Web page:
Getting Old

aches pains shed nothing
real–details too disgusting–
better to ignore

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They Go

The kids are so different so
raw and exposed to the elements.
Ready.
So native.
More looking ahead than back
at us
they wander off eager to the boats.

My generation and the ones before
were supposed to be the settlers/pioneers
but they’re the ones.

A lengthy transition, they said.
And we thought twenty years was long.
It isn’t.

Left behind to die.

I know, it’s the way of life,
nestling kicked out and all.
Going to make their own way
but
you can’t help but feel it.

And we’re obsolete with our supplements.
Way too old before our time.
A few letters to show the years.
After their toil there
is no electricity
to write with.
And ours shows
yellowing walls
we just stare at.
Unfit to move on.

20090227

Old Growth Forest in Ontario

I’ve been gathering these factoids as part an old growth restoration project in Guelph.


Ontario’s Old Growth Forests to be published by Fitzhenry and Whiteside in early 2009. Authors are Michael Henry and Peter Quinby.


Here’s a site for the Oldest trees in Ontario.


Quote from The Last Stand by Peter E. Kelly & Douglas W. Larson (2007: Natural Heritage Books, call # 585.4 Kel at Guelph Public Library):

By 1978, only 0.07% of southern Ontario’s land base supported forest stands with trees older than 120 years.

A very interesting book to read with incredible pictures and sketches. Most amazing factoid to me: The oldest cedar found in their survey of the Niagara Escarpment (called “The Ancient One”) is at Lion’s Head and is now 1,321 years old.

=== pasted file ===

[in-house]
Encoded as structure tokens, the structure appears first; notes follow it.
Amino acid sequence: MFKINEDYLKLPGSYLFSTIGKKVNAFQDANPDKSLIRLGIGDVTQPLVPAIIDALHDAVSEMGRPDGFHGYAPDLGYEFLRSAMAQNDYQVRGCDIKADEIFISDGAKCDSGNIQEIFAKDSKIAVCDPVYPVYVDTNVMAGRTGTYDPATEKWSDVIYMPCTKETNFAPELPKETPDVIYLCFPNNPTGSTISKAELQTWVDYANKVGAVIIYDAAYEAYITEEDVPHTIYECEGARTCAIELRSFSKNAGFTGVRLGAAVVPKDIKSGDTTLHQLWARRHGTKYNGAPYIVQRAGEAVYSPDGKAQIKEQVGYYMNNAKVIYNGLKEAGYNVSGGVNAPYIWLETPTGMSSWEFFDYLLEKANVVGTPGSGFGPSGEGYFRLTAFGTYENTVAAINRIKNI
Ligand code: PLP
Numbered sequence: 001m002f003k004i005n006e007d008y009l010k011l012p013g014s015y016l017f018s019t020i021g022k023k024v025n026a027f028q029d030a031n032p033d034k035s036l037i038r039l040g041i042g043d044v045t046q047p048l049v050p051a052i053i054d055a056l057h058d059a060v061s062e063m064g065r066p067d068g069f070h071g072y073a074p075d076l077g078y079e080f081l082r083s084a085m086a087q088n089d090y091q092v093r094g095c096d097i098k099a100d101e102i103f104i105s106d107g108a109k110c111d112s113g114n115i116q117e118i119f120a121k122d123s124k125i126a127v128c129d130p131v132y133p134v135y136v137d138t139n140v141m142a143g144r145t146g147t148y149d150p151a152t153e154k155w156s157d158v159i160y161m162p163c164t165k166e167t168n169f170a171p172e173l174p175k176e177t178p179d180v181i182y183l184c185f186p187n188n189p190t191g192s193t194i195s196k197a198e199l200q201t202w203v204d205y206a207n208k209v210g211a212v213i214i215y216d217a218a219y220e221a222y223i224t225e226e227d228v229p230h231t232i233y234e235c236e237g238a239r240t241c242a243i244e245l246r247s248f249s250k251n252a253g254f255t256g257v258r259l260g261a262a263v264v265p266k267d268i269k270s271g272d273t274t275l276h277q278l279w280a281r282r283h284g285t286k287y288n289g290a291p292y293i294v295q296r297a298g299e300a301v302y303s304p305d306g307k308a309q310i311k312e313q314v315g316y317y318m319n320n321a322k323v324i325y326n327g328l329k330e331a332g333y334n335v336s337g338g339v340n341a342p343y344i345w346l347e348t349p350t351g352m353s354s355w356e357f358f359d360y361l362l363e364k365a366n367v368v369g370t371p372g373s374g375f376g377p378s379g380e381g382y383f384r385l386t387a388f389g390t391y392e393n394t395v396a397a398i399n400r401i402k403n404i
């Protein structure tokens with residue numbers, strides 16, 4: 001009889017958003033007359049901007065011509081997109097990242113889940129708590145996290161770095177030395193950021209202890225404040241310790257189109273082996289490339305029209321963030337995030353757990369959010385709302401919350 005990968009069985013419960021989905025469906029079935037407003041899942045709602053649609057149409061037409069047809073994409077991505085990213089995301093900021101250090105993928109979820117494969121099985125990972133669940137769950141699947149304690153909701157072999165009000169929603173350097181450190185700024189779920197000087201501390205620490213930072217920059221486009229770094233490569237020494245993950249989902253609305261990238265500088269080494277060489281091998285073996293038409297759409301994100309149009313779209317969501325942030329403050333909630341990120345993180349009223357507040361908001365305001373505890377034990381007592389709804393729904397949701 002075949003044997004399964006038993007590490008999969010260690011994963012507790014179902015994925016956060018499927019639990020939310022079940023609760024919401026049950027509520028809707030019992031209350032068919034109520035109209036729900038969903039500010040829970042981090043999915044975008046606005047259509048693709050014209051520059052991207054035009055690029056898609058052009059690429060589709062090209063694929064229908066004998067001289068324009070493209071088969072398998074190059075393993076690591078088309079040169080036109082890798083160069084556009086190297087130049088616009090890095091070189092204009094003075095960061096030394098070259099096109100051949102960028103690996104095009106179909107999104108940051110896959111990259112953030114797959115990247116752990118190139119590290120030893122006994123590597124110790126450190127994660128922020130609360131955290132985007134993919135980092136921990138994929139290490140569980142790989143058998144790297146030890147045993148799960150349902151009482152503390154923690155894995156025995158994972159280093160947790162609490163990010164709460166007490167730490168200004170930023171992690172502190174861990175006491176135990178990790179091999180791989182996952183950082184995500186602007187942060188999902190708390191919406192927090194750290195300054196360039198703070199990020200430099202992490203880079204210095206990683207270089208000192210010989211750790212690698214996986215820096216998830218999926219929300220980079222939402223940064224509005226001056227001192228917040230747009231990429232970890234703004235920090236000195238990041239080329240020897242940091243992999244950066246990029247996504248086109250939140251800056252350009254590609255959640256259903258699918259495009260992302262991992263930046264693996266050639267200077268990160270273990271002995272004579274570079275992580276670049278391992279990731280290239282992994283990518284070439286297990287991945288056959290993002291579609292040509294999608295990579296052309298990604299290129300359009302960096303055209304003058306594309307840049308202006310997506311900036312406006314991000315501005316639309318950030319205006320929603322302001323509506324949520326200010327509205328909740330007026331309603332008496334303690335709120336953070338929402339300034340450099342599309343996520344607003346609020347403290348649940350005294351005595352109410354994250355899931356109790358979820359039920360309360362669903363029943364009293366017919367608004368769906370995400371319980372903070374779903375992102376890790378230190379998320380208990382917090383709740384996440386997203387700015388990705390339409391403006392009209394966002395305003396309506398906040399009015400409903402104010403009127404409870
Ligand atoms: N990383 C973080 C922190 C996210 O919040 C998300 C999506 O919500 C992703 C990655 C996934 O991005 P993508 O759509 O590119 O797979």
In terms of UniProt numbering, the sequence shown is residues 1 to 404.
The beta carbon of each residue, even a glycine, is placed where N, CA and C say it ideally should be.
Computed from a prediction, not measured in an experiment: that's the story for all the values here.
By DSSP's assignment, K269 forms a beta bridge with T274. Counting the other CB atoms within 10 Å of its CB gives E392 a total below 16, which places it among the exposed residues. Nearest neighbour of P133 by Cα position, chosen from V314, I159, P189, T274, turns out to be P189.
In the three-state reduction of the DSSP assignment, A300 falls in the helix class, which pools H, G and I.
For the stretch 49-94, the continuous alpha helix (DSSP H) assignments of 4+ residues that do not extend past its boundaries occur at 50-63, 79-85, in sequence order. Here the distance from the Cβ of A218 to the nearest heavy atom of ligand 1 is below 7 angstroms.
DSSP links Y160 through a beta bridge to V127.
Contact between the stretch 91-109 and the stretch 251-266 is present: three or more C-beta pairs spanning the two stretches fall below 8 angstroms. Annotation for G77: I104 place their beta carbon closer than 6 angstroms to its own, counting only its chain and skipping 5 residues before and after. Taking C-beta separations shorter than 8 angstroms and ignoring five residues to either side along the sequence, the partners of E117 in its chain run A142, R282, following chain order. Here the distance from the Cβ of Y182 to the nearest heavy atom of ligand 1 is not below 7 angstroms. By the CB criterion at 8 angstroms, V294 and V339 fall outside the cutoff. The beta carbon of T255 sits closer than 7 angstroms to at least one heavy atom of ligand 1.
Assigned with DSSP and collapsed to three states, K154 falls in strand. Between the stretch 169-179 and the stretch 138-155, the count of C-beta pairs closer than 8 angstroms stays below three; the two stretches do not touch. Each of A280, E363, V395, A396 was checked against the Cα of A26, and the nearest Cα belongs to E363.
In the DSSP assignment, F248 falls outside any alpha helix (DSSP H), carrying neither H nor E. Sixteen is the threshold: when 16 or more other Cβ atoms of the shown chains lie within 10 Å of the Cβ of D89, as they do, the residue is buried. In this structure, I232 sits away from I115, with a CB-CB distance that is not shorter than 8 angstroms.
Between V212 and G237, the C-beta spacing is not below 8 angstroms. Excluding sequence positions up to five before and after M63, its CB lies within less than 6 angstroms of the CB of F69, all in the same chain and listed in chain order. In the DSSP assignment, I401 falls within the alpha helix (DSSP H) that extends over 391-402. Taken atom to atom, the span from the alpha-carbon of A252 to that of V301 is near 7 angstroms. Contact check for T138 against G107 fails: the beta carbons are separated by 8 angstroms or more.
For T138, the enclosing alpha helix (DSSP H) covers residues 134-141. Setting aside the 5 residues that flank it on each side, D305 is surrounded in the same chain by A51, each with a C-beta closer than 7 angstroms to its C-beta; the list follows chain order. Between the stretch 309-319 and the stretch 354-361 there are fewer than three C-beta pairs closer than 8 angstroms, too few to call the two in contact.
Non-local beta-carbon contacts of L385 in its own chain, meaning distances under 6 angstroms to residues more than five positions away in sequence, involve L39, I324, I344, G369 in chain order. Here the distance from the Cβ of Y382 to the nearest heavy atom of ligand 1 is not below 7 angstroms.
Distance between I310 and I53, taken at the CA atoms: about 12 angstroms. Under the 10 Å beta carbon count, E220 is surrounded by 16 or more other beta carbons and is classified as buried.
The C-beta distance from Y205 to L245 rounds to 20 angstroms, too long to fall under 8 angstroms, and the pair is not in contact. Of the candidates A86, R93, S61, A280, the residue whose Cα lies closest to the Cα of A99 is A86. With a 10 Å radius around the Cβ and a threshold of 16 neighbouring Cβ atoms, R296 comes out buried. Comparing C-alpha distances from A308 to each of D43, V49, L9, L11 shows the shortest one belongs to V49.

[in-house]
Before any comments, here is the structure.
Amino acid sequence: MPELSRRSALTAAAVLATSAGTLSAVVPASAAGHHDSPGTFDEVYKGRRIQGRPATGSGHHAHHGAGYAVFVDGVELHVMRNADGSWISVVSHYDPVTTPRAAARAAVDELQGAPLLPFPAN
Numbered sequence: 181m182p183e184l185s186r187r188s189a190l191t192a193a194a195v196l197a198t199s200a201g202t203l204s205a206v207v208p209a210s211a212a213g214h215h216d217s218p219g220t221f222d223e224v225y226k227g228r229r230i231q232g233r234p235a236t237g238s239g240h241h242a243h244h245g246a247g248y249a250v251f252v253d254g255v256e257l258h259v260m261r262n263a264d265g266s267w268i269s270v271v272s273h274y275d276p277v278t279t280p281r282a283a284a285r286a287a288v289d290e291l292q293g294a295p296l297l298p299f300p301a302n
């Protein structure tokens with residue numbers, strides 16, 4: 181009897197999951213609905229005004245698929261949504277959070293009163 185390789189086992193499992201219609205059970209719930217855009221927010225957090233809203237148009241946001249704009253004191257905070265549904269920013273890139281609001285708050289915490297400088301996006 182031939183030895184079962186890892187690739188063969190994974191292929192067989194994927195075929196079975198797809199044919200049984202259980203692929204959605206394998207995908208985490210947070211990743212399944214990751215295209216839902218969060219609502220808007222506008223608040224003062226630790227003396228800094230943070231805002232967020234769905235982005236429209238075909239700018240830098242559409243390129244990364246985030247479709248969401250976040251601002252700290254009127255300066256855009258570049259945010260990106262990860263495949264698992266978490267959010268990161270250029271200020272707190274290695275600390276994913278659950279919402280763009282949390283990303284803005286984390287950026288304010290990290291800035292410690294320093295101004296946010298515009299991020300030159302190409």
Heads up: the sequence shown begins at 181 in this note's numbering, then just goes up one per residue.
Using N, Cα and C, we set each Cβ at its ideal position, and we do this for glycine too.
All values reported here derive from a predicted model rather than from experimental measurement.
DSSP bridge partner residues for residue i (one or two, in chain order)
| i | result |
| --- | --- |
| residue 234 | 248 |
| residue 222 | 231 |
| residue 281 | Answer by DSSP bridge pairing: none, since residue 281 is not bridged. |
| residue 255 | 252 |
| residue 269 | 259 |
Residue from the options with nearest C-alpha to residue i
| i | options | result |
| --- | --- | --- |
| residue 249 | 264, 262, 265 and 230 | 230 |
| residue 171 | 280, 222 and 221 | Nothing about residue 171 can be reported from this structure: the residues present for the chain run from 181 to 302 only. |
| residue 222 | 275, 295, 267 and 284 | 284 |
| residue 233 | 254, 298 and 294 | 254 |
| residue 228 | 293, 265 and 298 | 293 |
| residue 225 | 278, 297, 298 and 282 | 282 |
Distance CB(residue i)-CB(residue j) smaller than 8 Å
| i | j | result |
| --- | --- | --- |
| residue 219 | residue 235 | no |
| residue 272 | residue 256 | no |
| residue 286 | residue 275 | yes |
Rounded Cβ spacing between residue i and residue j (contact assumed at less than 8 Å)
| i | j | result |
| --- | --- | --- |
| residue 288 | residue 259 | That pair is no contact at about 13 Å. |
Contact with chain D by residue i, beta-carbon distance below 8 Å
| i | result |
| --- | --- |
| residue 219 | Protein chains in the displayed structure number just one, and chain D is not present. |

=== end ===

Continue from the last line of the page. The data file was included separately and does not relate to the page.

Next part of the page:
If any has any more good links please comment below.

450 divided by 10

This is my 450th post and appropriately enough there is a mathematical link with that number and my current age. I’m a small record with a big hole in it. And that RPMed and multiplied by 10 gets you 450. And that number is the year of birth for Thrasamund, King of the Vandals in Africa, and of the mathematician Zu Geng. It is also the traditional year that the Angles, Saxons and Jutes invaded Britain.
And on the age font, I’m also a popular calibre of bullet. Well perhaps not so much in Canada.
You see… this is the problem with our modern culture: we celebrate far too many numbers. I mean, think of it. What have numbers done for us anyhow? Allowed us to really, really blow each other up? Also to travel at speeds that mess you up terribly if you are required to stop suddenly? ‘Course we can also play Halo. OK… so I’m not going to ask for any technological regressions.